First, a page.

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Why How We Were Parented Matters For Our Children

My parents used to put me in time-out in a wooden chair backed up to the kitchen wall, with a watch to use as a timer. I have vowed again and again to never do this, and I know intellectually why not to do this: I know my children have less access to the part of their brain that would allow for thinking and processing when they are stressed, and I know poor behavior is stress behavior. I know that they are learning to calm themselves down, and that they need to co-regulate with me. And I know that cannot happen in time-out.

And yet- when they push and test and whine and defy, and especially when I am tired and frustrated myself, I can feel the urge in my body, the urge to say fine- sit in time out. I won't speak with you until you're not whining. You can't be this way. Think about it.

I tell you this because this is not the kind of mom I want to be. And most of the time, this not the mom I am. Like many of you, I do parent in ways that mirror how I was parented, and in some areas I also parent very differently than I was parented. The truth is, had my parents had Positive Parenthood when I was pushing and testing and whining and defying, I doubt they'd have made me sit in a chair when I behaved poorly either.

It was a bit shocking the first time I got frustrated with my littles and wanted to make them sit in time-out. You may have been surprised the first time that exact thing we promised we'd never say slips out of our mouth. Sometimes, it shocks us out of our frustration. But sometimes it becomes routine.... because nothing is working anyway, and so we give up on being the parents we wanted to be. I am grateful that time-outs are not routine in my family, but I see how easily they could become routine.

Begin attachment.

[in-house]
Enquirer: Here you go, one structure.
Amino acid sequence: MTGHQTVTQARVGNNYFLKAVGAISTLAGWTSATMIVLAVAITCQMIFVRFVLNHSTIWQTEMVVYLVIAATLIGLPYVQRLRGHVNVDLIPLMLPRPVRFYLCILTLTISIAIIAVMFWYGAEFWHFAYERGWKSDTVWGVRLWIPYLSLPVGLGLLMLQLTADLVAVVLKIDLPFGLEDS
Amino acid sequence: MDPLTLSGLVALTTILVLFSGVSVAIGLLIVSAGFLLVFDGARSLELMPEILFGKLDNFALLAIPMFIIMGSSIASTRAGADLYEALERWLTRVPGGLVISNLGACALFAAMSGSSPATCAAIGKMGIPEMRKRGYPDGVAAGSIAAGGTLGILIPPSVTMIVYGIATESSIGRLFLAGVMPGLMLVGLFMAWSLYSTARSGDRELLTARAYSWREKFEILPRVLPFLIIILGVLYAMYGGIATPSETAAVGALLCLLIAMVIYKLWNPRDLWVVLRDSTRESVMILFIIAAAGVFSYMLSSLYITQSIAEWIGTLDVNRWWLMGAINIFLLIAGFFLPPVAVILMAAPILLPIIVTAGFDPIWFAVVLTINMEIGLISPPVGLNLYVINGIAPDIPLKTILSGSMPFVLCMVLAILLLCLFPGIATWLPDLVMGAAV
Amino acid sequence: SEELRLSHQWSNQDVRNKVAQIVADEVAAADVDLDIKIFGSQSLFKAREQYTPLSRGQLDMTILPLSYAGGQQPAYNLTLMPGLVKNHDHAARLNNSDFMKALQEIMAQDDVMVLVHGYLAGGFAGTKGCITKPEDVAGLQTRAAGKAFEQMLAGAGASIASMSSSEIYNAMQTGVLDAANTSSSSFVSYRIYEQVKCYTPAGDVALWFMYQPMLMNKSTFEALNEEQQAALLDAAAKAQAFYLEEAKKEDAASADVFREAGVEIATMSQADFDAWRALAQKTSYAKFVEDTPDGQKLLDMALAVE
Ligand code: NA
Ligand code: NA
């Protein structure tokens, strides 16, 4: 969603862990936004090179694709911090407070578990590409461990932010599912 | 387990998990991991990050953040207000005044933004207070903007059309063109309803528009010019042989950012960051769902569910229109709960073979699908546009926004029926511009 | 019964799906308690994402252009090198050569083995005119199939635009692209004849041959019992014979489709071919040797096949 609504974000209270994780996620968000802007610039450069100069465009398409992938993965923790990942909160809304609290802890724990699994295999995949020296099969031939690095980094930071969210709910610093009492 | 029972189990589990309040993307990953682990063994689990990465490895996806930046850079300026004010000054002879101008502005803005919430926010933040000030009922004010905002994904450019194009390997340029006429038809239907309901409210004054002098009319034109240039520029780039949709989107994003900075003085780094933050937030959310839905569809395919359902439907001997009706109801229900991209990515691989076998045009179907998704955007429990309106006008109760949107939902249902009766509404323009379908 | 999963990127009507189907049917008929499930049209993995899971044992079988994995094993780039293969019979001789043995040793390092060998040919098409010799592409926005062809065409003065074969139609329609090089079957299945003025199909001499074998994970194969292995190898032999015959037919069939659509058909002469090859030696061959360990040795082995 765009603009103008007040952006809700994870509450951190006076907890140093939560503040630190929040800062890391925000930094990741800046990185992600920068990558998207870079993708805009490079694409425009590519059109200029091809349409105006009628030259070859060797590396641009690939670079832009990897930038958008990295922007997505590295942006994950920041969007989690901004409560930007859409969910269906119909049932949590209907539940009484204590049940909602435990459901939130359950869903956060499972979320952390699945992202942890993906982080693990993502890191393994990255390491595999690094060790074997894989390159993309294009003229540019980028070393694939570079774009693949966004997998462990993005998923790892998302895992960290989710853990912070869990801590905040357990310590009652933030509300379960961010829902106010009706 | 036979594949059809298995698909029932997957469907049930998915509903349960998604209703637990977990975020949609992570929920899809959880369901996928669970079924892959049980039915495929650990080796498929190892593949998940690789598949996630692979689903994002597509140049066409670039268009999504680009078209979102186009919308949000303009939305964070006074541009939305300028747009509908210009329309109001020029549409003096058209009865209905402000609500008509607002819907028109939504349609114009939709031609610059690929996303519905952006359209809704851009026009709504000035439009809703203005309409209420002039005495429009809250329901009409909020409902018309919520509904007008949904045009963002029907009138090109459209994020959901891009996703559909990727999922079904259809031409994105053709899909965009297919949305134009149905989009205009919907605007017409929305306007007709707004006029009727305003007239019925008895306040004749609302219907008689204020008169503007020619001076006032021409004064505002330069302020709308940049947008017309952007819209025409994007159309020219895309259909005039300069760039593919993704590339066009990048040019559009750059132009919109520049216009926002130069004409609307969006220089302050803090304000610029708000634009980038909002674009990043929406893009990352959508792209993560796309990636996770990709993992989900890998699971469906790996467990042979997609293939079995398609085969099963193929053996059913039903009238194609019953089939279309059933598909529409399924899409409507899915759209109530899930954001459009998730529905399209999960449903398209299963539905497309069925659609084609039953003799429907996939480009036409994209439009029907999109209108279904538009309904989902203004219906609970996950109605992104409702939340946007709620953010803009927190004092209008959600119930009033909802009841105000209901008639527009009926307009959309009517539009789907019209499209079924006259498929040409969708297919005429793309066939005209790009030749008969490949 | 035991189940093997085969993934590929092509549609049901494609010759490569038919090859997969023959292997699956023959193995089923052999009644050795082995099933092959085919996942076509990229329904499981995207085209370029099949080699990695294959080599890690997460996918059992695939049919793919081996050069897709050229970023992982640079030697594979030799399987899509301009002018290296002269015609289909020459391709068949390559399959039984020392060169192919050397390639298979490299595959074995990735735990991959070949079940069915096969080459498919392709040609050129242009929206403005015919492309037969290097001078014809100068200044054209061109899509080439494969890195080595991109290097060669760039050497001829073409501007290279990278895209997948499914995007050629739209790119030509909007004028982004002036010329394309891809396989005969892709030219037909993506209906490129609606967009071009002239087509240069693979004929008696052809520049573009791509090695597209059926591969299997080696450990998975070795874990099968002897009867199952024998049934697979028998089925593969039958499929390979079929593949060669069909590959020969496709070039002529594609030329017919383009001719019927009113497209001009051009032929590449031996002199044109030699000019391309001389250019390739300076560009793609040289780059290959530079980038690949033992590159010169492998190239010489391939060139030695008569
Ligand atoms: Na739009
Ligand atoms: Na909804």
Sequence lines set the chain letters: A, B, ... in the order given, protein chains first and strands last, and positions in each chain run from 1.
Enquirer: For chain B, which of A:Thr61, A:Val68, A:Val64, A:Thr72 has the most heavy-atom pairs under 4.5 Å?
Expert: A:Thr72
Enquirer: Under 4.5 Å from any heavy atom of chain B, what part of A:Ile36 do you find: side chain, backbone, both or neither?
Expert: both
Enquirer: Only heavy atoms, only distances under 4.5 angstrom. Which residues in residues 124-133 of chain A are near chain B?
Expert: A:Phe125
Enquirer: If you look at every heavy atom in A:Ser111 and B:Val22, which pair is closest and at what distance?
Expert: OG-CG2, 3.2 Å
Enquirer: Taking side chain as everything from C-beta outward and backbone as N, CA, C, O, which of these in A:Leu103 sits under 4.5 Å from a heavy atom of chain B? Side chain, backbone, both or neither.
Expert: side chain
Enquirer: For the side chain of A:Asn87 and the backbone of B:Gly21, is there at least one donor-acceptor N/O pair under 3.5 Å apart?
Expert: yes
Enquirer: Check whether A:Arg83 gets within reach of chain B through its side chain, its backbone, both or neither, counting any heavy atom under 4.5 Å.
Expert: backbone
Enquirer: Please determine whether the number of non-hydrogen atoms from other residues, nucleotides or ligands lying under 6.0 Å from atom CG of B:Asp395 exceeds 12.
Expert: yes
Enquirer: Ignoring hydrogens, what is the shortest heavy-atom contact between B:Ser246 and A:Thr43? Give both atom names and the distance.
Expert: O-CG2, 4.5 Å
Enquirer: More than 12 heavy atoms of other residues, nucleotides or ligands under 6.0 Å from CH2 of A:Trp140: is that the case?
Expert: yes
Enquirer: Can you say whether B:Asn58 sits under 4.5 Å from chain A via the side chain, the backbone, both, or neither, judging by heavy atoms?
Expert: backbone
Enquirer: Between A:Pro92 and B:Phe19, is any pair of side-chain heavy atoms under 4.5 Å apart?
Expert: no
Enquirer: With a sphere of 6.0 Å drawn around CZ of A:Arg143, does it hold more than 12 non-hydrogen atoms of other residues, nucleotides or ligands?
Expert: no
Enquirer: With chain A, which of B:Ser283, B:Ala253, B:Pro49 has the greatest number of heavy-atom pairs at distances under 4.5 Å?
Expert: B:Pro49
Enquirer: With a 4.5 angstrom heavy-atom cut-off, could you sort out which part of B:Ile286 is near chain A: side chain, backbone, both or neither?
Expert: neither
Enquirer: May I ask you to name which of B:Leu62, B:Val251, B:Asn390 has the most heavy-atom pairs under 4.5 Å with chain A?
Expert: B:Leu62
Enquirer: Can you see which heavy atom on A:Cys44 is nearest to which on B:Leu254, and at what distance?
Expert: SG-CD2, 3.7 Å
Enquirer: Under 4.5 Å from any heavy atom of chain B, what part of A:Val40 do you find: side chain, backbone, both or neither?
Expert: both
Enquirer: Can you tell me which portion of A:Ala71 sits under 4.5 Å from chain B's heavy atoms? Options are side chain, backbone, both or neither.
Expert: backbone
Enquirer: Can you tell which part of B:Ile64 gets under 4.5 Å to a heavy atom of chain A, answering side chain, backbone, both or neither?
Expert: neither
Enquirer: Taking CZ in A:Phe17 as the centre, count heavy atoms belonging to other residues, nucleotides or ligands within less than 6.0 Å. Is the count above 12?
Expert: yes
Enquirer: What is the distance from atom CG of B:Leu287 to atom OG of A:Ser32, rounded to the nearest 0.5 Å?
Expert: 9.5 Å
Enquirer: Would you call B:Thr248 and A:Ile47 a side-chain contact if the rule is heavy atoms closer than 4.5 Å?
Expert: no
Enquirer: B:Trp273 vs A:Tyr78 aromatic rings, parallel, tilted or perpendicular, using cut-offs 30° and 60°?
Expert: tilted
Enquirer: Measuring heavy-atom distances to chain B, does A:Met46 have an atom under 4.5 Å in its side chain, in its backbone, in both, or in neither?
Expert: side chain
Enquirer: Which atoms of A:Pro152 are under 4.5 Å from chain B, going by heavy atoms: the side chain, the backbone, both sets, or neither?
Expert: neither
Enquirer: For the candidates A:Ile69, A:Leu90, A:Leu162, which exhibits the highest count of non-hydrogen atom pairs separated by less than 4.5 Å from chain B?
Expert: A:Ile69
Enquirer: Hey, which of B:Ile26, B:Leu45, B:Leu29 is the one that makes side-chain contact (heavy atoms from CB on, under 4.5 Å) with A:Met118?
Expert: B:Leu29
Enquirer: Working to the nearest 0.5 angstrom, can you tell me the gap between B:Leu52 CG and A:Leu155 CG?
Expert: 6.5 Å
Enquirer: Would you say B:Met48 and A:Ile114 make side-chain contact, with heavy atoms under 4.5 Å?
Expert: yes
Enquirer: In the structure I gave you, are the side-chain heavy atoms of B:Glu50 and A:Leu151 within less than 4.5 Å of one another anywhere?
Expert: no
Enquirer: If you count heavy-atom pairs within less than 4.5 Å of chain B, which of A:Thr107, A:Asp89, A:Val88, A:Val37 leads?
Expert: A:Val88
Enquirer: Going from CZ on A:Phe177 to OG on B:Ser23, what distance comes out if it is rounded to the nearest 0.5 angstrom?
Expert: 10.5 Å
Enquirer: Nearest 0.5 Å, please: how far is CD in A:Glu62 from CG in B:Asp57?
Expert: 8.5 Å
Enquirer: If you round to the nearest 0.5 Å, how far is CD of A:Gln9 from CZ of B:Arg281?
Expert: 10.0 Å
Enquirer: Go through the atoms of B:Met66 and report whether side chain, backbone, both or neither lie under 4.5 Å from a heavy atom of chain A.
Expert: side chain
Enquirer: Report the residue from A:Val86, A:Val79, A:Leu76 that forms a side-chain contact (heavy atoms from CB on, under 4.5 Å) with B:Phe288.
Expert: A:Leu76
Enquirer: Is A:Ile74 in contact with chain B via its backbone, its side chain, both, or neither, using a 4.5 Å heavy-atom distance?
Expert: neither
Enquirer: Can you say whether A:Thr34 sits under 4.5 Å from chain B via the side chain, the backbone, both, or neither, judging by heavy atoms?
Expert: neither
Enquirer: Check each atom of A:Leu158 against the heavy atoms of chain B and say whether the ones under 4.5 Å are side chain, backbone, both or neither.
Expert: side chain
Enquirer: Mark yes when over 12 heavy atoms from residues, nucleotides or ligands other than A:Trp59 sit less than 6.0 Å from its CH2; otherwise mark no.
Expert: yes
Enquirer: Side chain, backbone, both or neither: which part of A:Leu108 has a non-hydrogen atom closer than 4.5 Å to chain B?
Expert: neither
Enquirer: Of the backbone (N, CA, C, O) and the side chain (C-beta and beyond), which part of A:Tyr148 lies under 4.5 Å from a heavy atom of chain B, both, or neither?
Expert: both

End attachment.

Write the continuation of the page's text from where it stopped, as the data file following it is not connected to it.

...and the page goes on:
Here's the thing: the way our parents parented us lives in our bodies, and when we get stressed, we fall right into the safety net that our families wove when they parented us, and sometimes it's full of thorns and holes- patterns we swore we'd given up. But when things get wobbly or hard and we stumble, the net that catches us is that one our parents wove, until we weave our own.

Here's the thing with the relationship-based approach we use at Positive Parenthood- the vast majority of us were not parented this way. Most of us were parented with myths like children should be seen and not heard or punishment is unseemly but necessary to produce good children or time outs will give the child a chance to reflect on and learn from their poor behavior. These things can show up in sneaky ways: maybe you have felt like you cannot connect with your child when they behave poorly because it reinforces the poor behavior (for example, if a child is having a fit because you have not allowed them to dump sand on another kid , or if an older kid is angry because they can't go to a party until they pick up the dog poop). And so perhaps you let the child or teen stew. Because they can't do the thing they were doing, period.

We'd urge you though, to reframe connection in these tricky moments. Connecting with your child, especially when they are behaving poorly reinforces the child. It is to say with your actions, you are worthy of my time and attention, even when you've made a poor choice or had a tough time. It is this sense of worthiness that I wish to cultivate in my children: the sense that no matter what, they are worthy of love and attention and care.

As I weave my own net, sometimes I stumble and fall. And you will, too. It is a slow process, this relearning of presence and being together. It is to retrain how we see ourselves and each other, to notice the places where anger or frustration or exhaustion show up, and to tend to the times we fall into a net we swore we'd banished with kindness and compassion.

And so we are together. Sometimes it helps me when I breathe with my children, and I wonder if I need it more than them. Sometimes it helps when I can sink down onto my knees and sit with their discomfort, and ignore my grownup worries about time and schedules and long lists. Mostly though, it is a practice- a practice of weaving my own net, and in doing so, a practice becoming the kind of mother I want to be.

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